capital market line

(redirected from Capital Market Lines)

Capital market line (CML)

The line defined by every combination of the risk-free asset and the market portfolio. The line represents the risk premium you earn for taking on extra risk. Defined by the capital asset pricing model.

Capital Market Line

In the capital asset pricing model, a line that plots the extra return an investor expects for each change in the level of risk. Rational investors expect higher returns for riskier assets and the capital market line shows this graphically. A portfolio that accurately reflects the capital market line is considered a Markowitz efficient portfolio. The slope of the capital market line is a calculation of the equilibrium market price of risk. See also: Beta.

capital market line

The line used in the capital-asset pricing model to present the rates of return for efficient portfolios. These rates will vary depending upon the risk-free rate of return and the level of risk (as measured by beta) for a particular portfolio. The capital market line shows a positive linear relationship between returns and portfolio betas. Also called market line. See also alpha, beta, systematic risk.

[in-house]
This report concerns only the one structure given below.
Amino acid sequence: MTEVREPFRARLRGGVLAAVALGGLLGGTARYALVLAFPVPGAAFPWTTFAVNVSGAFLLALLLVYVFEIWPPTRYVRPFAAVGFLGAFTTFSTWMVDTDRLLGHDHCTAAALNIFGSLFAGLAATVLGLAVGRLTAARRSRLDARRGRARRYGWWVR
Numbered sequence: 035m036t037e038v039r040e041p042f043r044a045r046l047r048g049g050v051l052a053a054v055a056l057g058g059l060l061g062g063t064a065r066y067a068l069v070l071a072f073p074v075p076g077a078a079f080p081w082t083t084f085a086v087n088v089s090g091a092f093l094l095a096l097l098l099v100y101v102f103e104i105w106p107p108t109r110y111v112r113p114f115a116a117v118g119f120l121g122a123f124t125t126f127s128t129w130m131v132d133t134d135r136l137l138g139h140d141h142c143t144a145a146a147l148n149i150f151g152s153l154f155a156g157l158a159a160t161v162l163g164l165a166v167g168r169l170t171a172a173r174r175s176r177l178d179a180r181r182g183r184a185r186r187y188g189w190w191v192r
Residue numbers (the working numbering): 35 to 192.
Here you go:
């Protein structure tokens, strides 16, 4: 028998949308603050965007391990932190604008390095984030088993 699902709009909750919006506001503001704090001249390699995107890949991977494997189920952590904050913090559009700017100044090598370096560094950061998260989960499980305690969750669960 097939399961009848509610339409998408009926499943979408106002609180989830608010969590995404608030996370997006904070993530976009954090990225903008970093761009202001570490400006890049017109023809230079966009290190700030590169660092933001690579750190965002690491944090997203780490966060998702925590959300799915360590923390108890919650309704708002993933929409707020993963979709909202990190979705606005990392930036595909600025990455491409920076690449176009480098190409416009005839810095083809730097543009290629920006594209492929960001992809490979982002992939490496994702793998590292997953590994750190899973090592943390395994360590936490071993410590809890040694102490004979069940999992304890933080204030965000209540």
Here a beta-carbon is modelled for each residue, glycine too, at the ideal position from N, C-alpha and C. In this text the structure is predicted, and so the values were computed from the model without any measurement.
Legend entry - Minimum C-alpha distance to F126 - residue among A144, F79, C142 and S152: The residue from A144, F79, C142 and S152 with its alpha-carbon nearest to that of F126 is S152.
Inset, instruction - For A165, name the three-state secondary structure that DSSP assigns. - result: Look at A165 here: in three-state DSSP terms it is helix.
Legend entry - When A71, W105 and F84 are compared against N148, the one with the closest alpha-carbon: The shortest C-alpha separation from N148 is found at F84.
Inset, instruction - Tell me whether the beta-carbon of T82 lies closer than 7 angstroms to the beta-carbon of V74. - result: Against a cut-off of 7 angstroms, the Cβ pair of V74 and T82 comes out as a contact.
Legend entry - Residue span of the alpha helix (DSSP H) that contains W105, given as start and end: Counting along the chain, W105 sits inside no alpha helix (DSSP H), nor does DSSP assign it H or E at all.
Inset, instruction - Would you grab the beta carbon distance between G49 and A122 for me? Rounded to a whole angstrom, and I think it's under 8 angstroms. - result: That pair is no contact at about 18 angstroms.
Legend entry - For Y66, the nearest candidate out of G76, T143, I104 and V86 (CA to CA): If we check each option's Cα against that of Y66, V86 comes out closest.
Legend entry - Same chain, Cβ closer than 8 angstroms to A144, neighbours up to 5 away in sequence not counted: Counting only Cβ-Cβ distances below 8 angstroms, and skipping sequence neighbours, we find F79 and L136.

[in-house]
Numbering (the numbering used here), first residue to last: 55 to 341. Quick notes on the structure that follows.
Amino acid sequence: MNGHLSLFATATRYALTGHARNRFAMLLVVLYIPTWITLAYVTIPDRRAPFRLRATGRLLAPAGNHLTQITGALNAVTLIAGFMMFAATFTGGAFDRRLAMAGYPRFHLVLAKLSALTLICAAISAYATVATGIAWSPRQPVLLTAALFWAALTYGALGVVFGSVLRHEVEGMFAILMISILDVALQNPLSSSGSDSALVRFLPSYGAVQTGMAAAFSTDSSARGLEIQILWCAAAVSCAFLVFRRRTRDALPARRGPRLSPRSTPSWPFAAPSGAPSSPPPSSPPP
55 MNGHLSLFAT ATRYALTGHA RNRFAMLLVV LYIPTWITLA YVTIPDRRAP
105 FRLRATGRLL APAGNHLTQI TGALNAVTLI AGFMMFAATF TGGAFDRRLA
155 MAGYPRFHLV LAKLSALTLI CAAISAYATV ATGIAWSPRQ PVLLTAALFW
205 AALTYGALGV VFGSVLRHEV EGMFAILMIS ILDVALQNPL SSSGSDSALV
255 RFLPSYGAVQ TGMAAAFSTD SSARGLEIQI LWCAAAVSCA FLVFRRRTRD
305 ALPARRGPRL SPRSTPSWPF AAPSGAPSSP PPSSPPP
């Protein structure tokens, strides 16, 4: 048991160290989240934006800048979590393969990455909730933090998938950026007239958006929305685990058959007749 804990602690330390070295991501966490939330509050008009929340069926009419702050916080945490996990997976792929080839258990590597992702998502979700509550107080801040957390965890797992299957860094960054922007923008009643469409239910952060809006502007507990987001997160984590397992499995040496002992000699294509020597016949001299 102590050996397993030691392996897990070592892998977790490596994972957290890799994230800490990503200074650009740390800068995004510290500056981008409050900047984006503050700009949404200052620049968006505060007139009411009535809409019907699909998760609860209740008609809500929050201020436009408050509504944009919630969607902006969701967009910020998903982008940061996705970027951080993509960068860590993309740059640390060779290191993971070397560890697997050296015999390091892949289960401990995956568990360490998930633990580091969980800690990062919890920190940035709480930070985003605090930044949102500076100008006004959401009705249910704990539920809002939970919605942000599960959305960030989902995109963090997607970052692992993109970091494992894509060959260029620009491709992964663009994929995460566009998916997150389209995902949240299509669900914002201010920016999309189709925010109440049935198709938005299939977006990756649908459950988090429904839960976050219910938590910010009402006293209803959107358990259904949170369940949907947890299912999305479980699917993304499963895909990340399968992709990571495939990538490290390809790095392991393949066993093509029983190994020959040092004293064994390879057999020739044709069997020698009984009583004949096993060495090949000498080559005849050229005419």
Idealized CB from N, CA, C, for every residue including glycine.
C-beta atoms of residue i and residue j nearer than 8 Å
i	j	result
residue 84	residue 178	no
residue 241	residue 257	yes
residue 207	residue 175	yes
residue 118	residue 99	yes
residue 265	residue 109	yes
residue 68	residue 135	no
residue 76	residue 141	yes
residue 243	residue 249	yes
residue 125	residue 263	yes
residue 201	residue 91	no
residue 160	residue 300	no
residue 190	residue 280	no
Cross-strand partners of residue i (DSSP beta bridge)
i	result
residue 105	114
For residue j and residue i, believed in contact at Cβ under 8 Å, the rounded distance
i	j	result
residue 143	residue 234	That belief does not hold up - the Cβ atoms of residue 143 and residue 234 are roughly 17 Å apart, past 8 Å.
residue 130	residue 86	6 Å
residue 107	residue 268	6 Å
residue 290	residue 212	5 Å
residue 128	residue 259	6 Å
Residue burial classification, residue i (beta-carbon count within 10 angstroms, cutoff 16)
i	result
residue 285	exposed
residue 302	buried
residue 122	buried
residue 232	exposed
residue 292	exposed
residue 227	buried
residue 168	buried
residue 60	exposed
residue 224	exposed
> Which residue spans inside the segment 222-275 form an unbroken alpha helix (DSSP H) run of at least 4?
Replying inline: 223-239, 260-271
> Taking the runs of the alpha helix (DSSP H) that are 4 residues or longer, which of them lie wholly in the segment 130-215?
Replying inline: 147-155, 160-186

References in periodicals archive ?
The problem here is specified as maximising a Lagrange function formed from expression (8), subject to the overall budget constraint equation (6), where the rates of return in the discount factors (F) are taken to be the certainty equivalent values, incorporating the capital market lines for each period from 1 to n, equation (1).
By assumption, because differing investors have similar expectations and knowledge of the stochastic properties of the risky assets and borrowings (or holdings of the risk-free asset), there is a capital market line in the expected portfolio rate of return and standard deviation space.
Investors have varying preferences with respect to return and risk because they choose portfolios on differing points of the capital market line.
The investor chooses a level of risk which depends directly on the slope of the capital market line and inversely with the risk aversion parameter, h.

Full browser ?